The practicalities of the proposed system have not been fully articulated. In particular, it is unclear how claimants are to be identified when they do not expressly join the proceedings.
Scope of the claim
For the court to agree that group litigation is appropriate requires “the same, similar or related issue of fact or law”.
What this means in practice is not clear and it could be that cases are heard together where there are different facts or even different legal causes of action.
This has the potential to become difficult to manage, particularly when the courts attempt to make the causal link between the breach of contract or duty of care and the loss suffered.
The bill does not provide any clear rules on how damages are to be assessed or distributed within a group.
Instead, the Treasury would be handed wide-ranging powers to pass regulations, which would allow the court to assess the loss of the group, rather than individuals. The distribution of the damages awarded to individuals may be done according to a formula.
The regulations will also specify how undistributed damages ought to be distributed (for example, to a charity). The larger the group, the more likely it would be that any damages would be on a rough and ready basis.
This may put some claimants off joining the group litigation on the basis that they would be more likely to secure greater damages if they brought a private claim.
There are potentially very wide powers to amend the applicable limitation period. This could cause significant uncertainty for financial services firms as they may find themselves open to litigation after the expiry of the six-year limitation period for bringing these types of claims. Again, any such rules are to be made by way of Treasury regulations.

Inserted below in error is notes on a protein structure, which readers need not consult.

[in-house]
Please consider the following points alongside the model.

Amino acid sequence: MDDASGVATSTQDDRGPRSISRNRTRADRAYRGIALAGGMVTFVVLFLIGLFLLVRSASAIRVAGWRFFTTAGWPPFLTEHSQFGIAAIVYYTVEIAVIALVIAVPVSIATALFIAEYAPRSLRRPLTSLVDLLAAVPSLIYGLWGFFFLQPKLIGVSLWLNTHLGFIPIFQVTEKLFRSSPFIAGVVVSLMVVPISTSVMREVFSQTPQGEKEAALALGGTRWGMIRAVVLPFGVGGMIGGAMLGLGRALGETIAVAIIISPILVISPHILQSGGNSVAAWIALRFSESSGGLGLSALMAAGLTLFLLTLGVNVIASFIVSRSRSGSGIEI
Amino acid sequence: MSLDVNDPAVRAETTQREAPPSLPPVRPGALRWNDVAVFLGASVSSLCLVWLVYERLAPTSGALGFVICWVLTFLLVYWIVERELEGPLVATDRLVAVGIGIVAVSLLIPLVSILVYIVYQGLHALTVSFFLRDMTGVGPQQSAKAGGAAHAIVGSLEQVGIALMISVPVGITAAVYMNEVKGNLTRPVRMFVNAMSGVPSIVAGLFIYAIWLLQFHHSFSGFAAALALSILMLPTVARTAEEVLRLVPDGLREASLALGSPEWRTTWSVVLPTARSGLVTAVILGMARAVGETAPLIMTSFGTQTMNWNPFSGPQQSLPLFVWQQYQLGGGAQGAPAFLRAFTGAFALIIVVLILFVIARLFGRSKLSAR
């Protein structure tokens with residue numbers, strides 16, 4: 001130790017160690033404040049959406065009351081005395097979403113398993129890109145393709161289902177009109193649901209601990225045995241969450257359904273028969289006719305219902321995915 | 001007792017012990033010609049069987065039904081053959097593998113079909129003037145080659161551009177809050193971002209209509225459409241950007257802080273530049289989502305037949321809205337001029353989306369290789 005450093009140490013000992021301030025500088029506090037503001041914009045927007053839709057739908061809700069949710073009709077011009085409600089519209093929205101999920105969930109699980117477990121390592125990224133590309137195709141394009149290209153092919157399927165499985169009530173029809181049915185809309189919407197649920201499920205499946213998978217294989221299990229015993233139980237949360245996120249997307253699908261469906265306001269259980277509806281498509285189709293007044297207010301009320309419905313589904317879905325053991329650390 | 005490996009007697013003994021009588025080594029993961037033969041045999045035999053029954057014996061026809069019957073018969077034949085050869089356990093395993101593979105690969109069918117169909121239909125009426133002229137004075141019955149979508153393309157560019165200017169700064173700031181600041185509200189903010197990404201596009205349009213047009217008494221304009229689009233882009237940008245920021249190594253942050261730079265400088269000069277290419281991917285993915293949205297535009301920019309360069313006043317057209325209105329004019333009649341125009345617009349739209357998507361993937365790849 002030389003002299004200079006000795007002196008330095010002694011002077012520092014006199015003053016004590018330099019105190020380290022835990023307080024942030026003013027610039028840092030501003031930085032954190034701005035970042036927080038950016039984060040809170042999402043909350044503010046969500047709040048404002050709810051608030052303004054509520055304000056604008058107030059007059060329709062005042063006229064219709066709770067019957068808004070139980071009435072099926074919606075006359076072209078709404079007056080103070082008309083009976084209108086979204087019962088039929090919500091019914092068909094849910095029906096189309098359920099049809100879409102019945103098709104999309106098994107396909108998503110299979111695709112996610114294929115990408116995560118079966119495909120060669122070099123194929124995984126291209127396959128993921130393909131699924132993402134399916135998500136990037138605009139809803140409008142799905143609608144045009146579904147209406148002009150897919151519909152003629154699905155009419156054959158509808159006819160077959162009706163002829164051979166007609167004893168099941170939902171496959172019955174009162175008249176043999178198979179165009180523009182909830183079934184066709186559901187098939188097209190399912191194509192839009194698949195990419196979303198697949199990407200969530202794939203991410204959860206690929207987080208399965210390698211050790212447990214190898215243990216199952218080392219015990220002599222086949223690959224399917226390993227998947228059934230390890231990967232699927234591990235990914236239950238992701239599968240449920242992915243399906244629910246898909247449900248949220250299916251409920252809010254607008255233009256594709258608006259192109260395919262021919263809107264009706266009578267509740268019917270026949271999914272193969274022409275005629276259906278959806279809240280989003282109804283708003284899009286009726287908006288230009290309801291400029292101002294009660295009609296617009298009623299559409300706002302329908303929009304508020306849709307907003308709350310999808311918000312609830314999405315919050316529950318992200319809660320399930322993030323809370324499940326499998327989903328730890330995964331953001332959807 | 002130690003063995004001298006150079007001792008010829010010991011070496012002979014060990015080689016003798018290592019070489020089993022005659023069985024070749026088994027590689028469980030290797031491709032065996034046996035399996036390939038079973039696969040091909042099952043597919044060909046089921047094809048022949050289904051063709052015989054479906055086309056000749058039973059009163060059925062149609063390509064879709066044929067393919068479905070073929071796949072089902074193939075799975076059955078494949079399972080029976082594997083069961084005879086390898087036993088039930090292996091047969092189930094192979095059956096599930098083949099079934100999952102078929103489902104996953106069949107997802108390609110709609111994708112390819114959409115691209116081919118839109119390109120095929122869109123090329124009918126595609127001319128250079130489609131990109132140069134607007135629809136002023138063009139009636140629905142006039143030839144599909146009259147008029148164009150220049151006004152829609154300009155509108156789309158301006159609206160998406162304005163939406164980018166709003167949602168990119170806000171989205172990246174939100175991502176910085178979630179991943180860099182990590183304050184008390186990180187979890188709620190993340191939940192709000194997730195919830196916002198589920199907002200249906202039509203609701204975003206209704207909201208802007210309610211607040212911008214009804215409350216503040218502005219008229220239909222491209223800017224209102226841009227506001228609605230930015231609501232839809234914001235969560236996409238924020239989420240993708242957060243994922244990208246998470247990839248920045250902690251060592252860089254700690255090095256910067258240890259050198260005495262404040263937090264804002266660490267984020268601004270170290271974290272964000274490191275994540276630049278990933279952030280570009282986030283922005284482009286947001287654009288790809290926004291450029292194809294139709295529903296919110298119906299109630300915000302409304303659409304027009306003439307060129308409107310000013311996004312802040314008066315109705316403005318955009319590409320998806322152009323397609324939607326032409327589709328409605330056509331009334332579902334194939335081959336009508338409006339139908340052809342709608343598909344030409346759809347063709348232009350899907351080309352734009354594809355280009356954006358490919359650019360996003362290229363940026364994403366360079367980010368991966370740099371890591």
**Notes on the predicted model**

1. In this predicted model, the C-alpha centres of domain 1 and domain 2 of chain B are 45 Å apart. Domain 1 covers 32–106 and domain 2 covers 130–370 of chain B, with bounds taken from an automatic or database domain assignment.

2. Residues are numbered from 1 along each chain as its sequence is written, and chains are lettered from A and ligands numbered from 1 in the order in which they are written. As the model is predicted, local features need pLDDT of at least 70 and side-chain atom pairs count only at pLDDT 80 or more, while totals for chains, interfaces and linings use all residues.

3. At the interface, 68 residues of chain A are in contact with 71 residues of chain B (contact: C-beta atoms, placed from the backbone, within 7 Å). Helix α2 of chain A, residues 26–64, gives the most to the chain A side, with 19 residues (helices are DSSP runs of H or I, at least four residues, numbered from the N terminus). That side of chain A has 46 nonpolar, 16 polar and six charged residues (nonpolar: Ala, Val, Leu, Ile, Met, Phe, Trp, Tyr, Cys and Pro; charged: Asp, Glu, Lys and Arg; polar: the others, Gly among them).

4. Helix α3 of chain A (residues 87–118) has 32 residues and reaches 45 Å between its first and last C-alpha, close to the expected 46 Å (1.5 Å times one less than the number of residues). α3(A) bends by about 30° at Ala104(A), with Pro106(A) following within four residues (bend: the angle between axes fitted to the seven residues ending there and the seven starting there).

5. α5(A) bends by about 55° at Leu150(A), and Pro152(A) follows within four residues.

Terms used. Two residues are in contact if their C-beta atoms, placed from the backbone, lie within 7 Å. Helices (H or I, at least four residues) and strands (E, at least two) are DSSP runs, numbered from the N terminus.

If the bill is passed in its current form, it will significantly change the current approach to class actions, at least in the financial services context. It may well also serve as a model for the introduction of similar legislation in other commercial spheres.
The potential for large-scale group financial litigation is clear, continuing the strong current political tide to empower and protect the consumer as seen in recent FSA pronouncements. In January, Lord Justice Jackson published his long awaited review of how litigation is funded. If his proposal to introduce contingency fees is implemented, there would be an even greater incentive for claimants (and their lawyers) to pursue class actions.
Concerns remain that with so much attention focused on the bankers’ bonuses and the other provisions, unless the bill’s current drafting is scrutinised in the remaining Parliamentary debates, this important area of the bill may be passed without undergoing sufficient Parliamentary scrutiny.
If this happens, the financial services industry will need to carefully monitor the implementing regulations – or prepare for an increase in US-style class actions.